Biden has a clear edge across all districts in Alabama, but most notably in the 7th Congressional District, a heavily Democratic, majority-black seat that has far and away the most delegates of any Alabama district (eight). As in other Southern states, Biden’s support tends to be highly correlated with the black share of the population in each district, as is Bloomberg’s. And here, too, Bloomberg’s projected vote and Biden’s projected vote correspond strongly to one another. The same is true of Sanders’s and Warren’s vote shares, with their strongest districts being the 4th, 5th and 6th Congressional districts from the northern tip of the state down into central Alabama. Each of those districts is whiter than the state as a whole (at least 70 percent), and in two of them (the 5th and 6th), at least 30 percent of the adult population has a college degree.
Shifting west to the meeting point between the South and the Great Plains, we have Oklahoma, which our forecast suggests is more competitive than Alabama but slightly less so than Tennessee. Here too Biden has the best chance of winning with about a 4 in 5 (78 percent) shot, but our forecast also gives Sanders about a 1 in 6 (18 percent) chance. Although she was born in Oklahoma, Warren only has a 1 in 50 (2 percent) shot of winning the state, the same chance as Bloomberg.
Our model’s average forecasted statewide vote shares show Biden out ahead with 34 percent, 9 points in front of Sanders’s 25 percent. Meanwhile, Bloomberg and Warren are both projected to get about 17 percent statewide.
Oklahoma’s other 24 pledged delegates will be allocated by the vote shares in each of the Sooner State’s five congressional districts. Based on our forecast, Biden looks likely to win each district while Sanders finishes in second. But both Bloomberg and Warren are projected to clear the 15 percent threshold in every Oklahoma district, so the Sooner State appears to be the most likely contest of the four we’re looking at here to deliver delegates from every part of the state to all four leading candidates.
And that all four candidates could get a piece of each district speaks to the fact that Oklahoma’s five congressional districts are relatively similar demographically speaking. Moreover, Oklahoma has relatively small shares of black and Hispanic voters — around 10 percent or less for both statewide — and both groups, particularly African American voters, help explain some of the district-level variation in other states. One other demographic group to note is Oklahoma’s sizable number of American Indians — they also make up almost one-tenth of the state’s population — though it’s unclear if they’ll swing toward one candidate in particular.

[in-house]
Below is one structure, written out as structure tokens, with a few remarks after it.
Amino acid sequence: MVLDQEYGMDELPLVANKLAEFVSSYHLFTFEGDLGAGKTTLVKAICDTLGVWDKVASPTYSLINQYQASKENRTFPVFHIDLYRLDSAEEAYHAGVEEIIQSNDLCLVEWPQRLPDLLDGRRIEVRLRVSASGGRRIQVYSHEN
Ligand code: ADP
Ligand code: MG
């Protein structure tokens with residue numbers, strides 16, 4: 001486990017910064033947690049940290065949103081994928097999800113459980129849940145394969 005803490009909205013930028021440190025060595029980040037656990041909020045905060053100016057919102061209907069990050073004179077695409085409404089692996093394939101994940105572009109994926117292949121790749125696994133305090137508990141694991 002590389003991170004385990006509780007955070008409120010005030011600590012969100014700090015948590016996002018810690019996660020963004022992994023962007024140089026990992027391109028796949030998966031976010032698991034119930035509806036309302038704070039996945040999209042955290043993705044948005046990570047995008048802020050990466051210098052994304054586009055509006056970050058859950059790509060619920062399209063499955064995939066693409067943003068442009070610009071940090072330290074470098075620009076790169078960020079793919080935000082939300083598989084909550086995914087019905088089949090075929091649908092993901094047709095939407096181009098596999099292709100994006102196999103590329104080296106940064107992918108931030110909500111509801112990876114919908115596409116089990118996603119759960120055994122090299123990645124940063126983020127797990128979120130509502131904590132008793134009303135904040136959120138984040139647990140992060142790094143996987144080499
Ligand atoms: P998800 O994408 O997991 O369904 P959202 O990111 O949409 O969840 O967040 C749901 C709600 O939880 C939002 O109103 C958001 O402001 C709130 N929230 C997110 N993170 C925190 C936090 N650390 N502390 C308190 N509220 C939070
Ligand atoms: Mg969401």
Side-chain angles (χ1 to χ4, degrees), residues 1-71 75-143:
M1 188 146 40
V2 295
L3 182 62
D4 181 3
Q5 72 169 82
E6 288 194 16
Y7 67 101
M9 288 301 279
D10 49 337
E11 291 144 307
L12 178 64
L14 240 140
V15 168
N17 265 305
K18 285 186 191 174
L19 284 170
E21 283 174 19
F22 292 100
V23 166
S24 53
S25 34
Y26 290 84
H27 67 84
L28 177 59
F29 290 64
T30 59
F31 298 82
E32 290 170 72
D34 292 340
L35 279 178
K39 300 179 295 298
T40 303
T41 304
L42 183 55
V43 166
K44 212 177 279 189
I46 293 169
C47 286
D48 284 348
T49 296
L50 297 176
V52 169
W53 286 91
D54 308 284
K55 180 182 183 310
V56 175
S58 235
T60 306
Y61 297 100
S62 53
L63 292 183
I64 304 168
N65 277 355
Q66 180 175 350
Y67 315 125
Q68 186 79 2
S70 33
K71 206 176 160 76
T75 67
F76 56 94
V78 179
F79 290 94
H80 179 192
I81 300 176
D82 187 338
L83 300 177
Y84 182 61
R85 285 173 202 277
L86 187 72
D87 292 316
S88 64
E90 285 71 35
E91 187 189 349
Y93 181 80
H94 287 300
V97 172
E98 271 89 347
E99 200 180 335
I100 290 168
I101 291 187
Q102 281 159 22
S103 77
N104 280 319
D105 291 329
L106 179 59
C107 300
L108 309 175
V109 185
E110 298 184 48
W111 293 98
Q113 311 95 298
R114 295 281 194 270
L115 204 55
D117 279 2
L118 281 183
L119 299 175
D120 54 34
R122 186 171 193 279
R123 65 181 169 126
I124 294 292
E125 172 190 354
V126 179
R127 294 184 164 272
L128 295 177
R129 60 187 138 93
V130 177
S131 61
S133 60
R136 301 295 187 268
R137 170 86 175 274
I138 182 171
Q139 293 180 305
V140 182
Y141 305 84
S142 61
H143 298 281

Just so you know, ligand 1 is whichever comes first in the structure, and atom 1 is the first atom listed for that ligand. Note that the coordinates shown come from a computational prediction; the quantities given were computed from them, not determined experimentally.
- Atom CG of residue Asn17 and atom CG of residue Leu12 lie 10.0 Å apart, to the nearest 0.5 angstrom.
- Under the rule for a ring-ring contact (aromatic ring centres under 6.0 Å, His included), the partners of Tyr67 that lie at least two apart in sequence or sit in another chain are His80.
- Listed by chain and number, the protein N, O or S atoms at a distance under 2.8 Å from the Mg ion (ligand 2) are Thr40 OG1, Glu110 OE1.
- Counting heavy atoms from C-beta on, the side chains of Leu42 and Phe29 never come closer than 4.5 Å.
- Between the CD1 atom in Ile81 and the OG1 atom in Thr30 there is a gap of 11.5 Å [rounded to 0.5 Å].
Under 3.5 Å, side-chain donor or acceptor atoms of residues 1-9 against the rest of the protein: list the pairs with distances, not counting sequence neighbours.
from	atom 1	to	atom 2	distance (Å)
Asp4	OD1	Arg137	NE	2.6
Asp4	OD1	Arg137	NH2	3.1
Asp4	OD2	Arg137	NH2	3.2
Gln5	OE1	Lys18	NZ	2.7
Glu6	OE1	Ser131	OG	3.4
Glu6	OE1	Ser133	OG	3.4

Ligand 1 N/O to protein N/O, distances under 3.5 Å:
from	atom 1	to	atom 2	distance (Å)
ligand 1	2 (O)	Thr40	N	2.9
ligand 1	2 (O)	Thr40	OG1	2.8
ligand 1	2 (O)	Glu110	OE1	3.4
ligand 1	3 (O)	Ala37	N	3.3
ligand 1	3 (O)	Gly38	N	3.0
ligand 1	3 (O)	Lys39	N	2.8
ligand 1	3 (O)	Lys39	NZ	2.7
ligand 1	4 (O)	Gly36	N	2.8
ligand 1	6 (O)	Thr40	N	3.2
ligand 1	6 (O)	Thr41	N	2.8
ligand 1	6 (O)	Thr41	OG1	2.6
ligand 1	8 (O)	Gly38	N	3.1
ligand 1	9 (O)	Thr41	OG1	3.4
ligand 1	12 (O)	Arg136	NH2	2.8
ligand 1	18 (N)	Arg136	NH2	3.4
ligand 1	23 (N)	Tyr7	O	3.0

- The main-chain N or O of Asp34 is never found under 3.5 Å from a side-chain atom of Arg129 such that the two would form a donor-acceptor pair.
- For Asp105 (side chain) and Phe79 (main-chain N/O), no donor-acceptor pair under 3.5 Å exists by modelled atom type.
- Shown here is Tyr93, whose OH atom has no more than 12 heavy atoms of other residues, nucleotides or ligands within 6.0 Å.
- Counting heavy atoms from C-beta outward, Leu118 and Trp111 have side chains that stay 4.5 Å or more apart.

Our last stop is Arkansas, which the model pegs as the most wide-open race out of the four states we’re analyzing here. Biden has the best chance of victory, with about a 7 in 10 (69 percent) shot of finishing first. Bloomberg has a 1 in 6 (17 percent) chance of winning, while Sanders has about a 1 in 8 (12 percent) shot. Warren has just a 1 in 100 (1 percent) chance.
Arkansas’s projected statewide vote shares are somewhat reminiscent of Alabama’s in that Biden leads while Bloomberg and Sanders are in a race for second. However, Arkansas is less of a sure bet for Biden. Warren is well back of the pack at 15 percent.
Arkansas’s remaining 20 pledged delegates are apportioned by the vote in the Natural State’s four congressional districts, but only one seat — the 3rd Congressional District — looks pretty close. Biden has double-digit leads in the other three seats but Bloomberg and Sanders are close behind in the 3rd. Warren does have a chance of getting to 15 percent across the board.
Biden’s bigger leads come in the three districts that are between 15 and 25 percent African American. But the 3rd Congressional District in northwest Arkansas — home to Wal-Mart — is less than 5 percent black, which helps explain why it’s the most competitive. It may be no coincidence that the 3rd is also Warren’s best seat, as it’s also the home of the University of Arkansas’s flagship campus in Fayetteville.
Taken together, these states don’t have much polling data to work with, but if Biden’s strength in South Carolina portends his performance in the South, we could see him racking up delegates here. But there’s also an opportunity for Bloomberg to pick up delegates and become a player in the race, too. Sanders has an outside shot of winning Tennessee and has his best chance of winning some districts there. If Sanders can win at least one of these states outright, that could help him not only win delegates but also run up the win count across the country on Super Tuesday. So definitely be prepared for surprises in these contests.